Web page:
Elon Musk has described electric cars as critical to fighting climate change, which he’s said he believes could cause more displacement and destruction than all the wars in history combined. So you might think he’d support the federal government funding electric vehicle charging stations.

But that’s not the case, at least right now. A sometimes combative Musk spoke at the Wall Street Journal’s CEO Summit Monday and suggested scrapping the Biden infrastructure package. Musk said that Tesla didn’t need the $7,500 tax credit for electric vehicles, which provides a tax credit of up to that amount to individuals purchasing plug-in electric vehicles, to drive demand for its vehicles. He also called federal support for charging infrastructure unnecessary.

“Do we need support for gas stations? We don’t,” Musk said. “There’s no need for support for a charging network. I would delete it. Delete.”

Today there are about 45,000 charging stations in the US. The infrastructure bill allocates $7.5 billion for charging infrastructure, which the Biden administration hopes will reach its goal of 500,000 charging stations. Tesla’s charging stations in the US can currently only be used by Tesla vehicles. The company has said it will open them to all automakers, but non-Tesla owners will likely need to purchase an adapter, as Tesla uses a distinct plug. New charging stations will likely be immediately more accessible and affordable for non-Tesla owners.

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The comments are a shift, as Musk’s companies have previously embraced government spending.

Tesla received a $465 million loan from the Department of Energy in January 2010, before its initial public offering that summer. Tesla also benefits from selling regulatory credits to other automakers, which help it be profitable. Many state governments require automakers to sell some zero emission vehicles. Automakers that don’t meet the requirements can purchase credits from Tesla, which has a surplus given that it only sells electric vehicles. These government programs are designed to encourage the transition to electric vehicles.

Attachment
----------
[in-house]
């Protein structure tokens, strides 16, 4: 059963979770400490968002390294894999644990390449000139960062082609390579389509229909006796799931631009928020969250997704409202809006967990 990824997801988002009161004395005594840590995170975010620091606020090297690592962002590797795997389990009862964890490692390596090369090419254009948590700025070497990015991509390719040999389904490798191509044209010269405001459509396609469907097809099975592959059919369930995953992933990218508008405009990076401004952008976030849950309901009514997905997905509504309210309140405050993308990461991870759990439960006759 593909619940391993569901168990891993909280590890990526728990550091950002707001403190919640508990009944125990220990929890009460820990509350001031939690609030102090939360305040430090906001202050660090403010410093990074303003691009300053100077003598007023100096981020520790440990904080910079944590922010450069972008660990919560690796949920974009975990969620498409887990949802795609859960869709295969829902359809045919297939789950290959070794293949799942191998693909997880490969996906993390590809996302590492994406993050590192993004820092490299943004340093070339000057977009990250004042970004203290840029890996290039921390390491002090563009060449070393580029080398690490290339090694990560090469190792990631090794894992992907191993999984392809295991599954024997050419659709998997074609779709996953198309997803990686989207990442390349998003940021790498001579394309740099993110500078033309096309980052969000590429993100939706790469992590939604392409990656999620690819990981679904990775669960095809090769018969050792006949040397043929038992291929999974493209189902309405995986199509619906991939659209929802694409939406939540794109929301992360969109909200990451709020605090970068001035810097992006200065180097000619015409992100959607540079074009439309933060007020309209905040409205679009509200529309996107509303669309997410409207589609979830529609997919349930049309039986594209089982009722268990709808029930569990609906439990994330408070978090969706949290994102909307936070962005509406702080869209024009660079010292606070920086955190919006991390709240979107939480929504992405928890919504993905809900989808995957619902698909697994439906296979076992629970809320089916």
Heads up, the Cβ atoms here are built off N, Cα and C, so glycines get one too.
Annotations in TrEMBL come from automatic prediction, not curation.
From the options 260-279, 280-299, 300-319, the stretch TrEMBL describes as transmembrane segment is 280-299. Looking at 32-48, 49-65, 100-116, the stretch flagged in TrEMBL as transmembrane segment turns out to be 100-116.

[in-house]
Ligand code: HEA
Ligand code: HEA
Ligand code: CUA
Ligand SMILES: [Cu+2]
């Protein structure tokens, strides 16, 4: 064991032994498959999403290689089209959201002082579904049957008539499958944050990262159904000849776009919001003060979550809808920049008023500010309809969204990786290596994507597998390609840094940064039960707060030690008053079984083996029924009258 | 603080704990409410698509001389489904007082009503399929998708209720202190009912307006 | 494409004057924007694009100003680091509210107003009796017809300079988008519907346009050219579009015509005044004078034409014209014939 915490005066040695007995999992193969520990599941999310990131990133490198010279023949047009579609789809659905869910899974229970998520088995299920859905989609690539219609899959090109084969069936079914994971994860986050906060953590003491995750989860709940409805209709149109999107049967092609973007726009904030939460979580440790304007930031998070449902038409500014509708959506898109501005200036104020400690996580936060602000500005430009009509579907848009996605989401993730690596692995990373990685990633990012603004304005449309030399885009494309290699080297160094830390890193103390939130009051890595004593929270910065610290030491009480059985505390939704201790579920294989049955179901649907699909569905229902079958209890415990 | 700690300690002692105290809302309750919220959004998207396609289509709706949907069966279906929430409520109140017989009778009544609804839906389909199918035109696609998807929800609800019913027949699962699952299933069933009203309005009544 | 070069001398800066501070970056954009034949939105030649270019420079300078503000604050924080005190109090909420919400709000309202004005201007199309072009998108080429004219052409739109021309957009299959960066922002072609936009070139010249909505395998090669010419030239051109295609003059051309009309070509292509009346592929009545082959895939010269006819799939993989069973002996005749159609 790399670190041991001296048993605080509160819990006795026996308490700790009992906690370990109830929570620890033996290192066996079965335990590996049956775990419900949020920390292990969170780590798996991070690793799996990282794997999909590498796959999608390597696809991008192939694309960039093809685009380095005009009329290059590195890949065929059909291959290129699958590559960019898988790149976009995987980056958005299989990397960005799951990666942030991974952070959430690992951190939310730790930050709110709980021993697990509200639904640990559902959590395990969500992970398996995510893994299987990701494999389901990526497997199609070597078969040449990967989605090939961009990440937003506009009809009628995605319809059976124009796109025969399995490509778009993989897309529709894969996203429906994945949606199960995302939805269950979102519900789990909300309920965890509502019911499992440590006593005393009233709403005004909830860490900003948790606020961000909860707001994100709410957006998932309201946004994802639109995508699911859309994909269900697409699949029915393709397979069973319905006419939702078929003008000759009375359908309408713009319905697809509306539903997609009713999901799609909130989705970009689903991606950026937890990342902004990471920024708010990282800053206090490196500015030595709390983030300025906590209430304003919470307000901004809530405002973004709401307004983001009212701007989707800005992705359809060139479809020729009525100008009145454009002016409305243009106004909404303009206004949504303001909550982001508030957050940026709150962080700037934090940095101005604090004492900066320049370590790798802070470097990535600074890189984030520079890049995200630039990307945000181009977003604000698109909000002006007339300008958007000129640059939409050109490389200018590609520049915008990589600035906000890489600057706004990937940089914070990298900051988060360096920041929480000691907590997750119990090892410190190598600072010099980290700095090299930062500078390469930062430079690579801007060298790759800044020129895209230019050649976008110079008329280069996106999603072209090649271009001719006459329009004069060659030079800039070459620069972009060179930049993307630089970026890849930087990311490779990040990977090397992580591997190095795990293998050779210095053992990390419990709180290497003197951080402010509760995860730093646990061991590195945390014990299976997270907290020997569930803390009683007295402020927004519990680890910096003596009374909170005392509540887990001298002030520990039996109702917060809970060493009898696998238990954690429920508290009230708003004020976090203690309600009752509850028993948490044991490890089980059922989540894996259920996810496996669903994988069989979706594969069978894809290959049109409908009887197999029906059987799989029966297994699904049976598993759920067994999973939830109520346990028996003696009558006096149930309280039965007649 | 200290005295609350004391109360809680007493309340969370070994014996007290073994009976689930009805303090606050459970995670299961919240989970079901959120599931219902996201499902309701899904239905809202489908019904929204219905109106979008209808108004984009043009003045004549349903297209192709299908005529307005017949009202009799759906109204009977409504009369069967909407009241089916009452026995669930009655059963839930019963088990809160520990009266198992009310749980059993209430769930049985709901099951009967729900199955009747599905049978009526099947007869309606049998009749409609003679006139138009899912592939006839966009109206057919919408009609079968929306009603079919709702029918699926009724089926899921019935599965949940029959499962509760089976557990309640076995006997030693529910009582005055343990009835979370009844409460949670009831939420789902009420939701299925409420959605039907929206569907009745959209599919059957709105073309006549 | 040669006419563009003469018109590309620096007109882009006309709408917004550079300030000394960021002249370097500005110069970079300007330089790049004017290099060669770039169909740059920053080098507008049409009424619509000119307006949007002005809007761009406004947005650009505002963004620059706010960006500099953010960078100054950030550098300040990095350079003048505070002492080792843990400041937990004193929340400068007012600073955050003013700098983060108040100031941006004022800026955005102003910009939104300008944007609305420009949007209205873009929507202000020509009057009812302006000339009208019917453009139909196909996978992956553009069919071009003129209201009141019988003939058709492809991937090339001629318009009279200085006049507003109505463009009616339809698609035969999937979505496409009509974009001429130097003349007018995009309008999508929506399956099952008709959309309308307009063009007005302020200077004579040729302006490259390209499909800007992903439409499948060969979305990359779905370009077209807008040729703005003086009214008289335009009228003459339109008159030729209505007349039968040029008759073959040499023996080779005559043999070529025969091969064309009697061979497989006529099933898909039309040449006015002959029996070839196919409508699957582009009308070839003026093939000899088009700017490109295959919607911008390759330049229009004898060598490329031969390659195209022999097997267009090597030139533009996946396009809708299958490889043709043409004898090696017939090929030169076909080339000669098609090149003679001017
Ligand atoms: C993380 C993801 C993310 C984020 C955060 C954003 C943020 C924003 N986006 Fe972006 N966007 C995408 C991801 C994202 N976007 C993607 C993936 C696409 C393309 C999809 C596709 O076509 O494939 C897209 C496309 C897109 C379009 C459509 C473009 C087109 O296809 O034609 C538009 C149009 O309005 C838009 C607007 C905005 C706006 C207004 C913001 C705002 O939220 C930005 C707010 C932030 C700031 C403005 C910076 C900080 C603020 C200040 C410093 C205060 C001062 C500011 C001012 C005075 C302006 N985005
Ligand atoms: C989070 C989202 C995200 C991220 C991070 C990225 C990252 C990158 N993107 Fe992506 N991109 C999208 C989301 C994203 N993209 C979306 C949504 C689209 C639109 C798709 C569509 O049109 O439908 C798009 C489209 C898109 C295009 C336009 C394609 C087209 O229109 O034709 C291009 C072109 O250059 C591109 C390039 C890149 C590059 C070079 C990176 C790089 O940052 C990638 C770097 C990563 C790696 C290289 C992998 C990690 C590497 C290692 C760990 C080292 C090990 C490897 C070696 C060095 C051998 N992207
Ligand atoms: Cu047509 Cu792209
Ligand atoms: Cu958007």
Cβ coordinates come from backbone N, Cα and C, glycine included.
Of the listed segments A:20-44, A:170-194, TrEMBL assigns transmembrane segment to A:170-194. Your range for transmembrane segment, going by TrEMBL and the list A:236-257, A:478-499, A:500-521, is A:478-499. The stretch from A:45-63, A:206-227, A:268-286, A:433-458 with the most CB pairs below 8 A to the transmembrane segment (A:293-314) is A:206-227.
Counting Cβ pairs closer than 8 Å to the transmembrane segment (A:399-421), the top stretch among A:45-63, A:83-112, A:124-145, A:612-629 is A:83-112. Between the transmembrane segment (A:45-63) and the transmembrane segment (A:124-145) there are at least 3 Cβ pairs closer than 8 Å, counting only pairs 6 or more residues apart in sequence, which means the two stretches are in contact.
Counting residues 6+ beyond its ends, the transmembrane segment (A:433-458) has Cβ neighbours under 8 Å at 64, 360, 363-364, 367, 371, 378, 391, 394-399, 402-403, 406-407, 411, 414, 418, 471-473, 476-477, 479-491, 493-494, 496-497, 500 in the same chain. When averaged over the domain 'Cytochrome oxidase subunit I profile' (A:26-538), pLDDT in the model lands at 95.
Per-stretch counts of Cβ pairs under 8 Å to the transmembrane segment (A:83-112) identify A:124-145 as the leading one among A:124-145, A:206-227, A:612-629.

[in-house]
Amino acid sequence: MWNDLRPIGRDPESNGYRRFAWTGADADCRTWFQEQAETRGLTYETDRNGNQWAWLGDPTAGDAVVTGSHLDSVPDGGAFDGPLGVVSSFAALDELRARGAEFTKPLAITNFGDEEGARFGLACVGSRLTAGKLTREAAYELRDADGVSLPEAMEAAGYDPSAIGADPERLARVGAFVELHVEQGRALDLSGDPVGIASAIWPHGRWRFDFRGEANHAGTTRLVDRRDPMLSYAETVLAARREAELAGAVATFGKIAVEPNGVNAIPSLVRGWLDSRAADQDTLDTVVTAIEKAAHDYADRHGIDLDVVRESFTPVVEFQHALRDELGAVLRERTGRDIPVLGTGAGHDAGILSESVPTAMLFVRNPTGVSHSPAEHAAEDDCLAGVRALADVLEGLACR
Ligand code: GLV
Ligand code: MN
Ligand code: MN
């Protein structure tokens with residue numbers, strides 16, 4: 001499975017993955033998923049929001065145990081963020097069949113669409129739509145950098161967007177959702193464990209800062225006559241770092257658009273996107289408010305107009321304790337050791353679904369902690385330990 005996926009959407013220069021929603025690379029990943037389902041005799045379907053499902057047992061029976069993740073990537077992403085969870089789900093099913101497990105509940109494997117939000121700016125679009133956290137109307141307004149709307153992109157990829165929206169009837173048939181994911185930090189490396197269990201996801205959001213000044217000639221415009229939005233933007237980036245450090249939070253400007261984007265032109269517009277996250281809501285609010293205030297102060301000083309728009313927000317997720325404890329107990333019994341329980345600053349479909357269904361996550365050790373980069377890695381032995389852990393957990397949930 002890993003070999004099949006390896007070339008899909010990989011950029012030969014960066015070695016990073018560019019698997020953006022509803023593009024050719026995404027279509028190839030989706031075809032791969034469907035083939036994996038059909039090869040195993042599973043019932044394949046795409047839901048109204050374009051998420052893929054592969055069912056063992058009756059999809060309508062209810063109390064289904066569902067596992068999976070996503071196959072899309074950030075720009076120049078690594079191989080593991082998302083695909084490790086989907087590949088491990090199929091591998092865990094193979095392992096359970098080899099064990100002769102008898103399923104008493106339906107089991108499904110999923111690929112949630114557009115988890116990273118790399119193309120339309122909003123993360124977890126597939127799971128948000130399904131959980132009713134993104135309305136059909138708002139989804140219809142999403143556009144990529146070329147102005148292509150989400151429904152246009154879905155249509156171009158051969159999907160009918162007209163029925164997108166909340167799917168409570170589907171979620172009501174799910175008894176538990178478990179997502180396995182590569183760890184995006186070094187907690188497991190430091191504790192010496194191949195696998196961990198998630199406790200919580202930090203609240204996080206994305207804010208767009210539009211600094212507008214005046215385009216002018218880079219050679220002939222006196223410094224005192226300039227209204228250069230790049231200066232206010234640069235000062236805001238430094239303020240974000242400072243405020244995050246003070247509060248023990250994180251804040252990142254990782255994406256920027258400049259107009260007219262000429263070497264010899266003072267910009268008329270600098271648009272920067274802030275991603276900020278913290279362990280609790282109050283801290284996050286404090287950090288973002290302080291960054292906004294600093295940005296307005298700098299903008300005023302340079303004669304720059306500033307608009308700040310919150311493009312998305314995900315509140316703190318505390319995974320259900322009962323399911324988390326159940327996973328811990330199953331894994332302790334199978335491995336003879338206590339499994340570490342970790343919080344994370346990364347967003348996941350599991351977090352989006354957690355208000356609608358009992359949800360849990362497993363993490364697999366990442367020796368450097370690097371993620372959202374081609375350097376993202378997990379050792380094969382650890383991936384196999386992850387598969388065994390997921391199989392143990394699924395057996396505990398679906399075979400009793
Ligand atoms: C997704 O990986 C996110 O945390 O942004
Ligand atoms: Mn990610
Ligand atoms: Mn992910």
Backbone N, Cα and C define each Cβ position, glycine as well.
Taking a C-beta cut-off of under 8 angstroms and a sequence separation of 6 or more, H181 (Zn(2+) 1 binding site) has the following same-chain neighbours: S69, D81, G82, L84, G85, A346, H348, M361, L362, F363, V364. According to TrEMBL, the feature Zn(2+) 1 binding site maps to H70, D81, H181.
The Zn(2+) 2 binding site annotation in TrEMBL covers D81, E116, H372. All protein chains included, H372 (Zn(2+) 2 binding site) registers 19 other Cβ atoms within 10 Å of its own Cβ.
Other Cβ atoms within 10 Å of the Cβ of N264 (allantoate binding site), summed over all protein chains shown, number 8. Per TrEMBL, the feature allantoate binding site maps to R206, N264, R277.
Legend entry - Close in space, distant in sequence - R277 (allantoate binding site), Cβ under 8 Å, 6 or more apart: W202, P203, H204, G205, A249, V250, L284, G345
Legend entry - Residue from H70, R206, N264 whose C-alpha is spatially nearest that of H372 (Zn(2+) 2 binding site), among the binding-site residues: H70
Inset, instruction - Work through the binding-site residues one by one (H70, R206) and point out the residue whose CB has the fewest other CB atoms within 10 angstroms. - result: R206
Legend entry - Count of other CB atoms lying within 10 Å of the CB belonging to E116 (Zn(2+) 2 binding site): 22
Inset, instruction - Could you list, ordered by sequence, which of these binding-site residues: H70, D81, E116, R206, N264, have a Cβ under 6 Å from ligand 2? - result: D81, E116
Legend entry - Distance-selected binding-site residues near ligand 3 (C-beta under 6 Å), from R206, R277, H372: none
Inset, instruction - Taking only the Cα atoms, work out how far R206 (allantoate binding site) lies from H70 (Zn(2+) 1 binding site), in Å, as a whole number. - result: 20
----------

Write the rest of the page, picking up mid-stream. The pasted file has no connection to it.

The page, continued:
And Nevada gave Tesla $1.3 billion in subsidies to build its “Gigafactory,” where it makes batteries, in Sparks, Nevada.

But Tesla has grown from an unproven startup to the world’s most valuable automaker, a trillion-dollar company run by the world’s richest man, with a fortune of $267 billion largely derived from his ownership stake. Tesla today may be better positioned than anyone to compete on a level playing field. Tesla has more than 30,000 fast-charging stations worldwide. Its vehicles are so popular that some current vehicle models are backordered until next summer, despite Tesla raising prices this year.

Tesla is in many ways an American success story, but it wasn’t included when the Biden Administration held an electric vehicle summit at the White House this summer. Tesla sells most of the electric vehicles in the United States.

Tesla and the Biden administration disagree on union labor. Biden supports union labor, calling it the creator of the middle class. Tesla doesn’t rely on union workers, although Musk has claimed that on average his workers may make more money than the unionized workers at General Motors. Tesla’s worker safety record has at times been criticized as being worse than the rest of the auto manufacturing industry, which generally uses union labor. Tesla said last year that its injury rate per vehicle produced had fallen by 50% from 2019.

Biden’s Build Back Better legislation that passed in the House gives $4,500 in additional subsidy to electric vehicles that are made by union labor. Tesla won’t qualify for those subsidies.

While Tesla and Musk have accepted government subsides in the past, he’s also criticized subsidies, and at times called for getting rid of all of them.

“It has always been Tesla’s view that all subsidies should be eliminated, but that must include the massive subsidies for oil & gas,” Musk tweeted last month.

The world spends $423 billion subsidizing fossil fuels, according to the United Nations. US subsidies are roughly $20 billion a year.

Musk, despite his call for scrapping the infrastructure bill, did say he felt America needed better airports and highways. He didn’t explain how they should be funded.

Tesla, which generally does not engage with the professional news media, did not respond to a request for comment.

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